In this article, we provide a brief summary of the potential changes coming out of the 4-yearly review of the SCHADS Award, with a focus on a number of key proposals that may affect work practices in the future.
Due to the volume of substantive claims by employee and employer representatives as part of the review, the Full Bench of the Fair Work Commission (FWCFB) dealt with the claims in two tranches. The first tranche of claims addressing overtime, weekend and public holiday rates for casuals was granted by the FWCFB in a decision on 21 October 2019, coming into effect on 1 July 2020.
The second tranche of claims was dealt with by the FWCFB in a decision on 4 May 2021 (Decision). Those claims concerned:
- Minimum engagements;
- Broken shifts;
- Travel time;
- Variations to rosters;
- Remote response work/recall to work overtime away from the workplace;
- Client cancellation;
- Clothing and equipment;
- 24-hour care;
- Telephone allowance; and
- Community language allowance.
As part of the Decision, the FWCFB provided a draft Determination for comment, setting out the proposed variations to the SCHADS Award based on the FWCFB’s acceptance of some claims and the provisional views expressed by the FWCFB about others, some of which we delve into below.
The proposed change to minimum engagement would now include part-time employees as well as casuals. Further, the reference to ‘all other employees’ under clause 10.4(c) of the Award will now include home care employees, with those a minimum engagement requirement of 2-hours for those employees. Currently, home-care casual employees are entitled to a minimum engagement of 1 hour.
Broken shifts and broken shift allowance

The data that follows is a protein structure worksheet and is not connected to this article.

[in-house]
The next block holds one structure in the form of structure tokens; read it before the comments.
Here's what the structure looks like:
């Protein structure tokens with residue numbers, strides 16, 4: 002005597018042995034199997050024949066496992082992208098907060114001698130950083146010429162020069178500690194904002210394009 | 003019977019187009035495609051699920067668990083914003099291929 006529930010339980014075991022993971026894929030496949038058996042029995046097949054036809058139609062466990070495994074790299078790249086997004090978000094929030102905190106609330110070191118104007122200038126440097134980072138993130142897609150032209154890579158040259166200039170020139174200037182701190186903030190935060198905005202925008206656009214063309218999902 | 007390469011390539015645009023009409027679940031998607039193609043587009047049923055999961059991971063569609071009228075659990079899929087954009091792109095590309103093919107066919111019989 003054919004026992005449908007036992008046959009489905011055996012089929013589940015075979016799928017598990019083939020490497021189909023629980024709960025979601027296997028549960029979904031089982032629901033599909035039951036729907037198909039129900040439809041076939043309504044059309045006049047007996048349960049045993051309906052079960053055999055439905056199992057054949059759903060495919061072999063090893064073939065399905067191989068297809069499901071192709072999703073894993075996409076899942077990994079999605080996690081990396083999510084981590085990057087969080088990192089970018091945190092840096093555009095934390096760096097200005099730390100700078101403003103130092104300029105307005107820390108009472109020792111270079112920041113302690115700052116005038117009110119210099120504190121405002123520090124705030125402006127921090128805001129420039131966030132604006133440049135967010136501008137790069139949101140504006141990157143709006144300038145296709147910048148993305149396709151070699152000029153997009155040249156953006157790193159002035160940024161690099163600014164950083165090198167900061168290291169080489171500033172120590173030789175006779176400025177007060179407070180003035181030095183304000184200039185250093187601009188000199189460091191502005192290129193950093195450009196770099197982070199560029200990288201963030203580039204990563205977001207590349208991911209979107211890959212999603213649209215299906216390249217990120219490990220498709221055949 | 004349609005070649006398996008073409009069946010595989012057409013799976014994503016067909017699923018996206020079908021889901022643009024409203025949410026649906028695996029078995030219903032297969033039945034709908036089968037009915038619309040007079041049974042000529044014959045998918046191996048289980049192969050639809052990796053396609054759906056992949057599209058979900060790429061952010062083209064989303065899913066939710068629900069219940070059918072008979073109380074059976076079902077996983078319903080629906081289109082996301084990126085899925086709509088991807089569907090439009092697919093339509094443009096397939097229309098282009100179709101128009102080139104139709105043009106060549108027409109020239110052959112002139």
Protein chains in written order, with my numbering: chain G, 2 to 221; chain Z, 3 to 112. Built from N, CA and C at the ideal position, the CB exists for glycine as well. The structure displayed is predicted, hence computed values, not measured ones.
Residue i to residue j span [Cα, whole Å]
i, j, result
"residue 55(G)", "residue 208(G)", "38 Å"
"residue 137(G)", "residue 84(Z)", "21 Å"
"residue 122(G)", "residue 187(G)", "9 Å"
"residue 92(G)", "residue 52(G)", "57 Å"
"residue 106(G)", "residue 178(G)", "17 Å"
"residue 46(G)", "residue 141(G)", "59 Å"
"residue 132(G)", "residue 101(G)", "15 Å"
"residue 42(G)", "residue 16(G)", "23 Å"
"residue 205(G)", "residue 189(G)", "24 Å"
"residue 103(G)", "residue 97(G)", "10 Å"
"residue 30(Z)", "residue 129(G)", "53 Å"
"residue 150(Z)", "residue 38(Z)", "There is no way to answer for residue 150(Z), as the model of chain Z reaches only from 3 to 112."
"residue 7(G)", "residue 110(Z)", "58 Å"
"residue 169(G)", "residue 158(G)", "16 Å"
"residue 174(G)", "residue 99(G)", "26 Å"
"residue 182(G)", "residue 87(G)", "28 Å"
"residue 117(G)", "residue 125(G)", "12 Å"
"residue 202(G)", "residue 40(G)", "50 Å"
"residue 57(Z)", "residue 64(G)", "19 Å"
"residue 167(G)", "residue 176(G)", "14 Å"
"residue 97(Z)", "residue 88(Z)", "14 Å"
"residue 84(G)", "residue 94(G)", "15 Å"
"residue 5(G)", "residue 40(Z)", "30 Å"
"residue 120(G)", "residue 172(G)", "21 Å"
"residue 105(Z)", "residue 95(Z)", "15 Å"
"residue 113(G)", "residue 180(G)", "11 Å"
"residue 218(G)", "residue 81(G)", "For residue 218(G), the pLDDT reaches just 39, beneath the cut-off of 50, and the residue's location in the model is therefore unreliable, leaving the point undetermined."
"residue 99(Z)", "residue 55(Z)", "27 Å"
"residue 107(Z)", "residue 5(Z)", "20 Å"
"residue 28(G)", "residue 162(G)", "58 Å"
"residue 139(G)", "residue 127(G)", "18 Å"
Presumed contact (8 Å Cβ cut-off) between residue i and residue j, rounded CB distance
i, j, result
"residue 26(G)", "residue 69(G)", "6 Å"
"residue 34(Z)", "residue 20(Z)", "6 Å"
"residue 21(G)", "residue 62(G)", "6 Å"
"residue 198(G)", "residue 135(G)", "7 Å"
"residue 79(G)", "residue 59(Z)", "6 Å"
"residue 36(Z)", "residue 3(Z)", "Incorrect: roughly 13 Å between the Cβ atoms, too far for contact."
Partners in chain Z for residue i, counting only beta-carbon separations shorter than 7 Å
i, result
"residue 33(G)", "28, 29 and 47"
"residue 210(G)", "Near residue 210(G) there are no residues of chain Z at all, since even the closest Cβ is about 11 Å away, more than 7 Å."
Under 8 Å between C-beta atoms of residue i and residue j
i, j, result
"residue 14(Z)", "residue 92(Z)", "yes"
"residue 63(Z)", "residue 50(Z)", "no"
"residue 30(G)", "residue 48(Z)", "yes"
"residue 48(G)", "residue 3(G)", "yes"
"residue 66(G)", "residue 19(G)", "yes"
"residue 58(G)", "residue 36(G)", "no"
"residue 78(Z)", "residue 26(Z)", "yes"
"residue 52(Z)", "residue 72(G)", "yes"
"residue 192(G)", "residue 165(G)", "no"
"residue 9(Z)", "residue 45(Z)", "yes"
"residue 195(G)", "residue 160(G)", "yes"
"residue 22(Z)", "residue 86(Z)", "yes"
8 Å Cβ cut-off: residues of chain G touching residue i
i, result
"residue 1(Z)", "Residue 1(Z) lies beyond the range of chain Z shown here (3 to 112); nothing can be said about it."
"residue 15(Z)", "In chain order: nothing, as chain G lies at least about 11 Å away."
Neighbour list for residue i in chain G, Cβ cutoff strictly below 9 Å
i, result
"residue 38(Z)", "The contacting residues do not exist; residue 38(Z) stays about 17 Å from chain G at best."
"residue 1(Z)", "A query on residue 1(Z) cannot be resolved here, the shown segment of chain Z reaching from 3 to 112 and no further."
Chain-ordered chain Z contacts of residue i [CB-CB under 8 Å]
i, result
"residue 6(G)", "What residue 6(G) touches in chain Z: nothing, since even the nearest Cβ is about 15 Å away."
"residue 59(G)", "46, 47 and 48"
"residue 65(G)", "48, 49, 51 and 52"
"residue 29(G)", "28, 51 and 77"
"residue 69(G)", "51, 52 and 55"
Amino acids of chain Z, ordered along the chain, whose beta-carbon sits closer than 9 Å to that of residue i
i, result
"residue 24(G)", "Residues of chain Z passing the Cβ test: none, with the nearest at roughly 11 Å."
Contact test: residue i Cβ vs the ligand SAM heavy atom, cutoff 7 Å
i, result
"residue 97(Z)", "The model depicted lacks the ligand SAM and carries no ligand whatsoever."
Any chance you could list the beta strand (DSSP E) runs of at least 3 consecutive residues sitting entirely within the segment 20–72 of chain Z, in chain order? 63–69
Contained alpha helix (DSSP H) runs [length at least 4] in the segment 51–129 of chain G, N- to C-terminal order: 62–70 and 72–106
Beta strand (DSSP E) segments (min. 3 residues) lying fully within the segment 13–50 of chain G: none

Clause 25.6 will be amended to clarify that a “broken shift” is a shift constating of 2 separate periods of work, with a single unpaid “break” (other than a meal break).
The broken shift allowance is proposed to be calculated as a percentage of the “standard rate” (being the minimum wage for a Social and community services employee, level 3 at pay point 3), rather than with reference to ordinary rates plus applicable penalty and shift allowances as follows:
- an employee working a broken shift with 1 unpaid break would receive a broken shift allowance of 1.7% of the standard rate per broken shift.
- an employee who works a broken shift with 2 unpaid breaks would receive an allowance of 2.5% of the standard rate per broken shift.
Remote response/recall to work
The FWCFB considers it is necessary to introduce an Award term dealing with remote response work. A draft clause has not been included in the draft Determination. Instead, the FWCFB made the following observations and will convene a conference to discuss the issues relating to payment for remote response work, as well as the other matters set out below:
- a shorter minimum payment should apply where an employee is being paid an “on-call” allowance;
- the term should ensure that each discrete activity (such as a phone call) did not automatically trigger a separate minimum payment;
- a definition of “remote response work” or “remote response duties” should be inserted into the SCHADS Award; and
- that the term should include a mechanism to ensure that an employee’s time spent working remotely is recorded and communicated to their employer.
Some of the noted changes above would likely result in changes to rostering practices and the way work is organised.
A Hearing is listed for 30 June 2021, where interested parties will be provided an opportunity to make oral submissions in response to evidence received relating to the draft Determination and the provisional views set out in the Decision.
Interested parties are encouraged to file submissions and evidence in respect of the Decision, including the draft Determination, by 22 June 2021.
Additionally, a Conference will be convened on 27 May 2021 to discuss the claims relating to travel time, remote response/recall to work and clothing and equipment.
Panetta McGrath Lawyers will provide a further update on the SCHADS Award in the new financial year or as further developments come to light.